To complete our family, we acquired four red shaver pullets, which in spite of not laying eggs for quite some time, gave us much amusement. I had always been slightly frightened of chooks, with their pecky beaks and flappy wings, and I never dreamed I would be picking them up. But I grew to love those girls, and great was our excitement when the first egg appeared. When Vaughn was at home, we vied for the privilege of collecting the eggs, sometimes well hidden, and feeding the sheep with their nuts.


While driving into town one day I heard on the radio that Alzheimer’s Tauranga were looking for volunteers. I drove straight there and was welcomed into the whanau.

So between Nanna duties, Garden Club, writing group, book club and Alzheimer’s, I managed to keep very busy.

Settling In

We settled into some sort of non-system, with Vaughn away for three weeks at a time, returning for just a couple of days, during which time he worked himself into a state of exhaustion in the garden. Our tenants had not been gardeners, thus the blackberries, gorse and ferns had not been disciplined into submission, and were marching inexorably towards the house. The paddocks were full of thistles and brambles, but the goat from the next field kindly helped us keep them down.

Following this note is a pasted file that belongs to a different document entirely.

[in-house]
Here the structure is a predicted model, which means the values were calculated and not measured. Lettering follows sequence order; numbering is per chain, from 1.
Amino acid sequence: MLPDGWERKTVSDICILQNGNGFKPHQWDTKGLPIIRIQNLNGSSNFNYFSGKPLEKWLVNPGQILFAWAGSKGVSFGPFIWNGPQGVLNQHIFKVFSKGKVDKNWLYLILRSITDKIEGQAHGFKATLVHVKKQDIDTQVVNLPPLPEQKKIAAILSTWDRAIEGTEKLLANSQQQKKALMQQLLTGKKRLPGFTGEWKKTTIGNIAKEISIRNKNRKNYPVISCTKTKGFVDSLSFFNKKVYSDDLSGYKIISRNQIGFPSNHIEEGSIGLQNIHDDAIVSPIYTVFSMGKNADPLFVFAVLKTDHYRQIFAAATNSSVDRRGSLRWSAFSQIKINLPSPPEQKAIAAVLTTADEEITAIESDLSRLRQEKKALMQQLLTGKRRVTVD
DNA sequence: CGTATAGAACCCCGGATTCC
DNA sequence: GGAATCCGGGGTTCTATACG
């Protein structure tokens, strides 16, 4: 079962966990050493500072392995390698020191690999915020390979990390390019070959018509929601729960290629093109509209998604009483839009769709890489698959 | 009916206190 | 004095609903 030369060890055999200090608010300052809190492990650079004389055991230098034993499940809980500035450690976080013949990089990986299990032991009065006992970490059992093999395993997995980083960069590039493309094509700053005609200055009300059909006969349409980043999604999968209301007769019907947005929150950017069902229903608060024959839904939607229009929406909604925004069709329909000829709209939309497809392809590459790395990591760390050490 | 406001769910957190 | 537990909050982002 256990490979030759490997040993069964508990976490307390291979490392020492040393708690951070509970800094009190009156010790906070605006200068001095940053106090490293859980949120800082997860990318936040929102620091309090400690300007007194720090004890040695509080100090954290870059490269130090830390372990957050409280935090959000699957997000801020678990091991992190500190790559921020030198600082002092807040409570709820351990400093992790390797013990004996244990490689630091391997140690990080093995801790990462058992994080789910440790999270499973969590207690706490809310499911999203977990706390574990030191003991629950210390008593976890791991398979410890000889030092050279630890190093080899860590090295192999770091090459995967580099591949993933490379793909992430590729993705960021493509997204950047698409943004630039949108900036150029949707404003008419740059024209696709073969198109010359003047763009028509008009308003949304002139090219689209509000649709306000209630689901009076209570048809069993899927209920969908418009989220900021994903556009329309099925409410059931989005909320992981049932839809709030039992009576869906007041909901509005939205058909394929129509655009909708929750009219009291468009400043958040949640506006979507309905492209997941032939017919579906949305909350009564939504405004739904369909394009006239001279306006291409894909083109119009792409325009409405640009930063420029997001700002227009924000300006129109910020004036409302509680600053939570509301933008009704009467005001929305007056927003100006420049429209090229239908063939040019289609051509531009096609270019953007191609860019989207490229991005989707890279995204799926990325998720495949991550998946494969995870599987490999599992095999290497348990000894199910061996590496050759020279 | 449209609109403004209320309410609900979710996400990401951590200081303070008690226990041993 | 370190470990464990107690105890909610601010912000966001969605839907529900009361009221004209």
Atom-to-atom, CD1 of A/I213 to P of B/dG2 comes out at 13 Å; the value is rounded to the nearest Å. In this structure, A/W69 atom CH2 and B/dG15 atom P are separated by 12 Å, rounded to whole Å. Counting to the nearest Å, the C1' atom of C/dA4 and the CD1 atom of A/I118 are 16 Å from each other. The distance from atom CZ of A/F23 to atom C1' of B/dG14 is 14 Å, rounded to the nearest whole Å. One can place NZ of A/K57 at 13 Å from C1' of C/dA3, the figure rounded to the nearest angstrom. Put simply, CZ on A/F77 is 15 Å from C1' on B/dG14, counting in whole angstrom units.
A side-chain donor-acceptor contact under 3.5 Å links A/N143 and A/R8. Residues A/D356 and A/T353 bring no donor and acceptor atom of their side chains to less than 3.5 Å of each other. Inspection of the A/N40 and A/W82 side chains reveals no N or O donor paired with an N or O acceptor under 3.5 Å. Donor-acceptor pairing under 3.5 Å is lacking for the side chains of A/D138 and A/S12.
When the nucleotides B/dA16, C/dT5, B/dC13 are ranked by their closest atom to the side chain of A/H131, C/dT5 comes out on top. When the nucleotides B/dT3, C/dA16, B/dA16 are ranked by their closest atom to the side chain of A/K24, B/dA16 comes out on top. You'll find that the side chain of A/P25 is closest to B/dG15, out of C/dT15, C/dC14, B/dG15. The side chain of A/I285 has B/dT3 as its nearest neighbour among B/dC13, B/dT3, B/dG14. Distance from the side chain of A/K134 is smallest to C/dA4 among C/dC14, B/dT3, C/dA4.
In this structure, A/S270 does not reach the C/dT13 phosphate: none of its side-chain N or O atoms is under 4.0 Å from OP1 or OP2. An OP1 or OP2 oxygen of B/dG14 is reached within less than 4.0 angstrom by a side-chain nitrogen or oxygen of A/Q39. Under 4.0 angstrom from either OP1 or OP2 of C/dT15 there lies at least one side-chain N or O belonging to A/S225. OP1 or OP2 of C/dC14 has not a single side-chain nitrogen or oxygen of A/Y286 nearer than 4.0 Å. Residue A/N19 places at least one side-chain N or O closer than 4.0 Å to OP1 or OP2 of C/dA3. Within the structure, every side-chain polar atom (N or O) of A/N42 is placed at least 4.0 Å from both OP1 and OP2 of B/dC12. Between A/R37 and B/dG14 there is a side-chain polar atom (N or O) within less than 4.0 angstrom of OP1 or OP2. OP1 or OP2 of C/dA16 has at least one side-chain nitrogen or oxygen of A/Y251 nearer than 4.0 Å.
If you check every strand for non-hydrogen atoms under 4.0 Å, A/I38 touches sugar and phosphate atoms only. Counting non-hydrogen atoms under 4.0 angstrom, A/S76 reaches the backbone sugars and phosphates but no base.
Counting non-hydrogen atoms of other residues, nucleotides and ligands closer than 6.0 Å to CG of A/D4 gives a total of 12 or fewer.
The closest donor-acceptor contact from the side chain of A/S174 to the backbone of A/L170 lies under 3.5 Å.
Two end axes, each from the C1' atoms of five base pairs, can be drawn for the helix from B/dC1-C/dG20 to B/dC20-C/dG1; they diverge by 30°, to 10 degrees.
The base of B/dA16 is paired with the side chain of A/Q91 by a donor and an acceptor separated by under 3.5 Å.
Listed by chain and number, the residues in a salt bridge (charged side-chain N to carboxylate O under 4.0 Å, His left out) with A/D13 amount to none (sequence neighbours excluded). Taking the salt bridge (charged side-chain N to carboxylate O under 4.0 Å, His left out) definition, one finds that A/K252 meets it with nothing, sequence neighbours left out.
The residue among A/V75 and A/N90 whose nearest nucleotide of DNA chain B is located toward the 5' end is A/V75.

As company for the goat we acquired two lambs. I had visions of them bouncing up to the fence when I called, but they were too skittish, which was just as well, because I was able to remain emotionally uninvolved with them. They were fully weaned when they arrived, and merely served as nameless lawnmowers, until their date with the local butcher.

Since then, I should add, we have become soft; our subsequent sheep have been lovely, friendly and part of the family. sheep


(As you can see from this very naughty lamb…)


For additional company, our neighbours had a retired racehorse and a Shetland pony, who also assisted in keeping our paddocks neat. The horse, whose name was Jack, came to my fence every morning for a bit of a rub and a carrot or just a handful of grass. He was rather in love with the pony, who was a grumpy old woman and rejected his attentions with a toss of her head and a snort.

Lovely as the animals were, they weren’t the greatest conversationalists. I knew I could always phone or pop over to visit my daughters, but they led busy lives and had their own circles of friends, and I didn’t want them to feel they had to be forever entertaining me. In Australia, it had taken me about 18 months before I started making new friends, so I was expecting it would be much the same in New Zealand.

However, we were blessed to find ourselves living in a rural area with a strong community spirit. I put a little ad in the local newsletter enquiring whether anybody would be interested in forming a book club and a writing group. And people replied!


Rats & Mice